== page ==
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Let's begin by opening iTunes for the first time. On a Mac, you'll most likely have your iTunes icon in your dock. So you can just click that or if you don't see it in your dock, you'll also find iTunes in your Applications folder. If you're using Windows, you can also open iTunes from a couple of places depending on how you chose to install it. You may have a shortcut to iTunes on your Desktop or you can go to your Start menu, to All Programs, and then find and open the iTunes folder, and open iTunes from there. So here on my Mac, I'll just click the iTunes icon in my dock.
Now the very first time you run iTunes, you may see the iTunes Software License Agreement, which you're supposed to read through and then agree to if you want to run iTunes, and then you'll see the iTunes Setup Assistant, which walks you through the process of getting iTunes set up on your computer using a series of questions. All you have to do here is just navigate through these different screens. The first one here is about Internet Audio, asking me if I would like to use iTunes to handle the audio content from the Internet. Essentially, what this means is if I come across iTunes compatible music while online, I can decide whether I want to use iTunes as the default application to play that content.
I'll just keep Yes selected and click Next. iTunes is also going to offer to find any music files that are already on your computer and copy them into your iTunes Music folder. Here on my Mac, it's going to look for MP3 and AAC files. If you're on Windows, it will also ask you if you want to locate WMA or other Windows type audio files as well. Now if you choose Yes, it will actually search through your entire hard drive and find files to copy into your iTunes Library. My personal preference is to choose No. I'll add them myself later, because my personal computer has tons of audio files that aren't music files and I don't want or need them to be managed in iTunes.
But you can decide for yourself what to do here. If you do choose Yes, and you have a large hard drive, be prepared to wait a little as iTunes searches for all of your audio files. So I'm going to keep No selected and click Next. Now we have the Download Album Artwork screen which just tells you a little bit about how you can download album artwork to go along with your music files. Basically, this lets you see the artwork for the album from which your music came which is a nice touch. We'll talk more about how to get and add album artwork in a later movie. So you'll only have to go through these screens the first time you run iTunes. Now if you recently upgraded iTunes to a newer version, you might have to re-agree to a licensing agreement or read about new features or things like that, but you should be able to make your way through these things without any problems.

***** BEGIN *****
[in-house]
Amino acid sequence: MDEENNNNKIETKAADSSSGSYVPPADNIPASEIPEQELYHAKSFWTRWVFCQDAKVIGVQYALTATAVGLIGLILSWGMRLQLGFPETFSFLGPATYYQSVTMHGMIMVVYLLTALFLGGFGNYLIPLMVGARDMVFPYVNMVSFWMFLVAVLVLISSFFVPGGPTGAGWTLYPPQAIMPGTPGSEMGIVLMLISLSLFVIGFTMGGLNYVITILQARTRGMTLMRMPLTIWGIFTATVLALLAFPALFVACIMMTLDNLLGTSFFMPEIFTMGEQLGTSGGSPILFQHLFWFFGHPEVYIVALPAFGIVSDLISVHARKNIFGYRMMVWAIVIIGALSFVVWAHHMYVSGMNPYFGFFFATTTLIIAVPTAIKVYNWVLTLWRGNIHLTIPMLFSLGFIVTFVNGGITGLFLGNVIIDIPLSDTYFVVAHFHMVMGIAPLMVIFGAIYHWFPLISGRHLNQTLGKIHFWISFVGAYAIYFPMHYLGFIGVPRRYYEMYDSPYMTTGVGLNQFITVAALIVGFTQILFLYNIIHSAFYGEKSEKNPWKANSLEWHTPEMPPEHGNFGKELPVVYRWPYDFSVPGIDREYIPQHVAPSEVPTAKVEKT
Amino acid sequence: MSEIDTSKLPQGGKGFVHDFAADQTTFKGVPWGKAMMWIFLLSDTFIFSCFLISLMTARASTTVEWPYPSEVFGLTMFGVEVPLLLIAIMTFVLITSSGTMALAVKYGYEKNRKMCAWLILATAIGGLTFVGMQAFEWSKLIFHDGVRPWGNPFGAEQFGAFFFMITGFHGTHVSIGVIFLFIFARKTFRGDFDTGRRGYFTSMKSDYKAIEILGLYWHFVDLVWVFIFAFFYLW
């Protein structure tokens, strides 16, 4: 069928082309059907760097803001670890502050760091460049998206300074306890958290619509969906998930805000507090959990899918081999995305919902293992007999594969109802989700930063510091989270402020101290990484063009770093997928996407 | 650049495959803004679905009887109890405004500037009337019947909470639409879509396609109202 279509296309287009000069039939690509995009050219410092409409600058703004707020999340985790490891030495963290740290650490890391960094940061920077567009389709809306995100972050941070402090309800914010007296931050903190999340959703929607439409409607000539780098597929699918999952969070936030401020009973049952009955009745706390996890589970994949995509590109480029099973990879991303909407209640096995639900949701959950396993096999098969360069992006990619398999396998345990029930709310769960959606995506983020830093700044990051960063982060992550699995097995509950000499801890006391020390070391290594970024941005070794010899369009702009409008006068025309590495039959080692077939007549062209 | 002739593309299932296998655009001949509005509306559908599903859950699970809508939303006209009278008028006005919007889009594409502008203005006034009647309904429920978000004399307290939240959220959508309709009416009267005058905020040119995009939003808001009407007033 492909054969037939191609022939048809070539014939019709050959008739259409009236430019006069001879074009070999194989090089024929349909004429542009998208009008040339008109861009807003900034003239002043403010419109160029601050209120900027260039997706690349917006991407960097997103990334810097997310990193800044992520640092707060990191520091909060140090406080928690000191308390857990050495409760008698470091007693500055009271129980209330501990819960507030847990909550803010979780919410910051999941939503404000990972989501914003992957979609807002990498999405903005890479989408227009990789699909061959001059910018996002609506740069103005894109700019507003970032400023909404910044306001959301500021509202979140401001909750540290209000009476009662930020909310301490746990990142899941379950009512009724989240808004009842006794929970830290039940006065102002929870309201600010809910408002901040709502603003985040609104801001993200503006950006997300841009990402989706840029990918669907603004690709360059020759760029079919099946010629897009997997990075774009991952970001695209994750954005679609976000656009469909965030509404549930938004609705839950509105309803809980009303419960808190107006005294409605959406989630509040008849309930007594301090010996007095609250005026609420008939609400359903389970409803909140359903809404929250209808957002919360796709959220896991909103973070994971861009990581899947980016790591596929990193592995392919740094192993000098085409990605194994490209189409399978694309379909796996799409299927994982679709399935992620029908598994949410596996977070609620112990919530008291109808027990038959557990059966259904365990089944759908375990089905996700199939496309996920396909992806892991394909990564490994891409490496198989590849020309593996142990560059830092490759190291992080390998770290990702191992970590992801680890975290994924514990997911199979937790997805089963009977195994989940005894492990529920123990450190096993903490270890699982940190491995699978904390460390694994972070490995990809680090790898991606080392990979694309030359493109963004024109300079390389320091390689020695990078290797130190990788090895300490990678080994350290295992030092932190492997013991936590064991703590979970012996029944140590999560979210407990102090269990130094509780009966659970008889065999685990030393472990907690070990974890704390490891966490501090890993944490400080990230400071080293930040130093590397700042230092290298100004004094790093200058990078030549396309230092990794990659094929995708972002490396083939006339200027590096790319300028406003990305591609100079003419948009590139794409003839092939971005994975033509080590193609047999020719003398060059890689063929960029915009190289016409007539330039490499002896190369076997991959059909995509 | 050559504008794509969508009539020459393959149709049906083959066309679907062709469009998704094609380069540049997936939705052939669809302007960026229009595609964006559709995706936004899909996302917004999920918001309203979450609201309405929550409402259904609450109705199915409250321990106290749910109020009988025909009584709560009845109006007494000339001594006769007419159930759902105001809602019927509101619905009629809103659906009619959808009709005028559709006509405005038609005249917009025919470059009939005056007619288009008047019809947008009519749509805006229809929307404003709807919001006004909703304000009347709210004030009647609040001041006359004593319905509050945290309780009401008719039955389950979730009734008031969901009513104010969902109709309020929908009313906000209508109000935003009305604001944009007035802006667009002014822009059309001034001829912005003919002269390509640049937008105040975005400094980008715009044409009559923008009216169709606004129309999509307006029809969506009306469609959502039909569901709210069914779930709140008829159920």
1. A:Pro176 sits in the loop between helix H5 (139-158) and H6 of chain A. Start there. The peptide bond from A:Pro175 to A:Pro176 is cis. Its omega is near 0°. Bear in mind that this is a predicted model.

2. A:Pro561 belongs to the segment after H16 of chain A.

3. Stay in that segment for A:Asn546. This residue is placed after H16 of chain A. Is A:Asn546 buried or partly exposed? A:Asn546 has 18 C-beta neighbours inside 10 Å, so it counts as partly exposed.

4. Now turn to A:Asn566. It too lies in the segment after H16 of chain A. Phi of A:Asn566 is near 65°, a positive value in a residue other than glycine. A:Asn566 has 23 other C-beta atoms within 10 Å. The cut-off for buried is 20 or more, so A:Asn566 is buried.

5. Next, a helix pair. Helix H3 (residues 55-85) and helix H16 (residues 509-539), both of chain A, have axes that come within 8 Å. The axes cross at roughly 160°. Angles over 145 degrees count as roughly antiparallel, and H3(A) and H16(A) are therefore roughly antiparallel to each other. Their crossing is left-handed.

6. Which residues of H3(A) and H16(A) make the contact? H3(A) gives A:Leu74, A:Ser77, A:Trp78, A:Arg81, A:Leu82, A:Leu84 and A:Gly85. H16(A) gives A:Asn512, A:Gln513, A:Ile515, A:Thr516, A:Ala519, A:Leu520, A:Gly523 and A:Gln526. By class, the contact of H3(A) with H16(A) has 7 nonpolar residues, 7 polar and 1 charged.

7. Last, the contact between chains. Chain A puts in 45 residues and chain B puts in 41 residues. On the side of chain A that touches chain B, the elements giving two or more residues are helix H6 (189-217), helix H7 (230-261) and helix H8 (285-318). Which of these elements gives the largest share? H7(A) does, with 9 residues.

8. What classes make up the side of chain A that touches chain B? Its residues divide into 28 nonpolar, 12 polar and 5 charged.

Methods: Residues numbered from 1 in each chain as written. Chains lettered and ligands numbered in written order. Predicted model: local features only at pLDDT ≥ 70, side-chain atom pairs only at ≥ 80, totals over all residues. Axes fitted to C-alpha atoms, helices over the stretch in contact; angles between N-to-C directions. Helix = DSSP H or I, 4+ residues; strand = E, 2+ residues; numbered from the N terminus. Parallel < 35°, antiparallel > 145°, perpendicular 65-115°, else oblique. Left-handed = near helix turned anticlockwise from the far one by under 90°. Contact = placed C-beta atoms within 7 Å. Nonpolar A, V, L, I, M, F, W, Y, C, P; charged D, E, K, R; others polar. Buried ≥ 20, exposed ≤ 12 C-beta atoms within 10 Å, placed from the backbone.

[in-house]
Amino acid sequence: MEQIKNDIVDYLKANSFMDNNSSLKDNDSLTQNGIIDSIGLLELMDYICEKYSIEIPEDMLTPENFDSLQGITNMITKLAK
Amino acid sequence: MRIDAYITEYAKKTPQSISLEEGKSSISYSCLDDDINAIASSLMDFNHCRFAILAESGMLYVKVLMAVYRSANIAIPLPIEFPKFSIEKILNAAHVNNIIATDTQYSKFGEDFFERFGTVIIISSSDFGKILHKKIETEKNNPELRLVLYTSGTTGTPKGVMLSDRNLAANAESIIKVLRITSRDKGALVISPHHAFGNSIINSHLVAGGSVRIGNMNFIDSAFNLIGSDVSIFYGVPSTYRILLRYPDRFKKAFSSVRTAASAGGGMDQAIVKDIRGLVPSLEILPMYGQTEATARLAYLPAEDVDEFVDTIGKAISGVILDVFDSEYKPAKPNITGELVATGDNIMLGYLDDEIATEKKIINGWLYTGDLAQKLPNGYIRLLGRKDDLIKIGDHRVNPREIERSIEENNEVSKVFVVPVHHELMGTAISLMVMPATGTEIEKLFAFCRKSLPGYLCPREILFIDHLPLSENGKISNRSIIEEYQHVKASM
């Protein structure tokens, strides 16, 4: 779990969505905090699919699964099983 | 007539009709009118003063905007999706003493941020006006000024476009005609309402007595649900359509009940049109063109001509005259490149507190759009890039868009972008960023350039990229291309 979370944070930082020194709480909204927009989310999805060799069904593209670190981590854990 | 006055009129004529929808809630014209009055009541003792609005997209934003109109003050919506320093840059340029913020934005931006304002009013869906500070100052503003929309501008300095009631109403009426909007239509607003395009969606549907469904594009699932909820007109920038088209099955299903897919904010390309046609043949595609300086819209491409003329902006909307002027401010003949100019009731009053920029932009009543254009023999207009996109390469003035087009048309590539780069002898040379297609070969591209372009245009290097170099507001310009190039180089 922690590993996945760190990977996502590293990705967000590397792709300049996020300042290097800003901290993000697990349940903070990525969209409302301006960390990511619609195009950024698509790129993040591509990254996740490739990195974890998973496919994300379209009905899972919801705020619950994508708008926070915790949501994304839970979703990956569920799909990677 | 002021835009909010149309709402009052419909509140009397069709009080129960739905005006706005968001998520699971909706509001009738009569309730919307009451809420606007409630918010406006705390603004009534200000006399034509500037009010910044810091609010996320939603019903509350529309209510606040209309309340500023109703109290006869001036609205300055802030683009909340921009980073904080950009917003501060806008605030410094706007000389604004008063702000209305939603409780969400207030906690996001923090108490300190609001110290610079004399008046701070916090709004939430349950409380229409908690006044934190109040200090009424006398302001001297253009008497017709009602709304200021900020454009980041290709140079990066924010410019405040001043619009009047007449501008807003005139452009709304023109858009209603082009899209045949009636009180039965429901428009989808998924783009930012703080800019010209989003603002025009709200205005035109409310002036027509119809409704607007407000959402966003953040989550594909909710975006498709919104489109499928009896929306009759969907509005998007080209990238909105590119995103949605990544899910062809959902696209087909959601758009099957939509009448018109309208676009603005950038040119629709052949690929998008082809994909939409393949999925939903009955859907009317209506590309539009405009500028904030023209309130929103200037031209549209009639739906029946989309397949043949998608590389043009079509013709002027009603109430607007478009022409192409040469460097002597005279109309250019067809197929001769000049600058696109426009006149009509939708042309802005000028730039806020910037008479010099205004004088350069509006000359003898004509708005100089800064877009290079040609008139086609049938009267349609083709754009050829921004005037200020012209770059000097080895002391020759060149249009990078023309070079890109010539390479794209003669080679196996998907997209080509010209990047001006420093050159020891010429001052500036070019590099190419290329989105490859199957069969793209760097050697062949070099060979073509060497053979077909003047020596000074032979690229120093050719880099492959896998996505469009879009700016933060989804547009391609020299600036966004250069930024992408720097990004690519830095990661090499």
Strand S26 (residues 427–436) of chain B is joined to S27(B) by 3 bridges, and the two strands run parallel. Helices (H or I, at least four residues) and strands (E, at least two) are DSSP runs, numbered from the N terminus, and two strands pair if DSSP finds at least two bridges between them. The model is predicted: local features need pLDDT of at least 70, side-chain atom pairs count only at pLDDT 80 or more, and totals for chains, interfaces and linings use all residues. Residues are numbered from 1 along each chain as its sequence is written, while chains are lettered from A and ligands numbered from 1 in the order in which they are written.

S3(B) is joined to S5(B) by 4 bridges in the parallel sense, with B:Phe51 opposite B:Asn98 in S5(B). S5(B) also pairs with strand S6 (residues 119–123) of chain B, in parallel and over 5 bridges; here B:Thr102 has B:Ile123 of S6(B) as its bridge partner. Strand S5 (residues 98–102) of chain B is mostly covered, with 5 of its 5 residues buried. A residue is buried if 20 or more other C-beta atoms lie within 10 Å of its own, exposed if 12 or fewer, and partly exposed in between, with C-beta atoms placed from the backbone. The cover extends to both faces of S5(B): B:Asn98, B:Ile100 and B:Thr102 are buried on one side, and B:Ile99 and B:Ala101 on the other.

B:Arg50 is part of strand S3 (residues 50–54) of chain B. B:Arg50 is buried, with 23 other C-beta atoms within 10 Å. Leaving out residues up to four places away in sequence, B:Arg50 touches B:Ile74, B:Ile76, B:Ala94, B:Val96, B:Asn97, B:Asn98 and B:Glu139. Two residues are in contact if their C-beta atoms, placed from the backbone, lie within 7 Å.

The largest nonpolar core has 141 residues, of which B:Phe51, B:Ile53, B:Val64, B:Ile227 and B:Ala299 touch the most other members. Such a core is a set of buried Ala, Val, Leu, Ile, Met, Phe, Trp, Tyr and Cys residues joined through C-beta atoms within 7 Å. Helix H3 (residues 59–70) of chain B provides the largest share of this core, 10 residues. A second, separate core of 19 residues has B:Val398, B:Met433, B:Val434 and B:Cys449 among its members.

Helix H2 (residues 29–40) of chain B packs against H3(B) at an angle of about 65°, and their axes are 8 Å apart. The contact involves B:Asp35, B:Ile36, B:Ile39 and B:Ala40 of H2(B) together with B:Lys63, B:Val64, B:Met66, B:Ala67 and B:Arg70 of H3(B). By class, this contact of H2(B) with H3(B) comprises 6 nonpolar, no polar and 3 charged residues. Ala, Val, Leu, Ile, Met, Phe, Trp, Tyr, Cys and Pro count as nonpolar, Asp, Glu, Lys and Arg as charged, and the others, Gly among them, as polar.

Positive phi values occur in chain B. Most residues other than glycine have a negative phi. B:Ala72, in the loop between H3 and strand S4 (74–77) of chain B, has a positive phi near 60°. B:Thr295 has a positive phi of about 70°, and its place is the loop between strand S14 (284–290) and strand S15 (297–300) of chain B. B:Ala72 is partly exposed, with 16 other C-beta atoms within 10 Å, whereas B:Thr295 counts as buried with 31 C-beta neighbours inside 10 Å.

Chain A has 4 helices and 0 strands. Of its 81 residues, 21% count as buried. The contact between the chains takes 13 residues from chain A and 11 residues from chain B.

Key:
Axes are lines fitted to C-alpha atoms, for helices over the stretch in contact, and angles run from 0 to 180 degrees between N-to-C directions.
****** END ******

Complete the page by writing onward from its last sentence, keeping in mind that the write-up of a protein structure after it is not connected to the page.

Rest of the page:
Now I click Done. Next, you may see this welcome screen, which gives you access to some short video tutorials to help you get started. You'll only see this the first time you run iTunes, but if you accidentally close it and want to go back to it to watching the videos, you can do so by going to the Help menu and choosing iTunes Tutorials, which, as you can see, brings that window back, but I don't really need this right now so I'm going to close it again. So now we're looking at the main iTunes window. Currently, my iTunes Library is completely empty because this is a new installation of iTunes and I haven't imported any music, video or other files yet, but as you can see iTunes suggests these ways to get you started by either visiting the iTunes Store to purchase music, or to import music from your CD collection.
There is even access here to some of those video tutorials to learn how to do some of these things. But in any case, we'll be talking about the iTunes Store and how to import music a little bit later, but first I want to take a look at and familiarize ourselves with the interface elements in the iTunes window.
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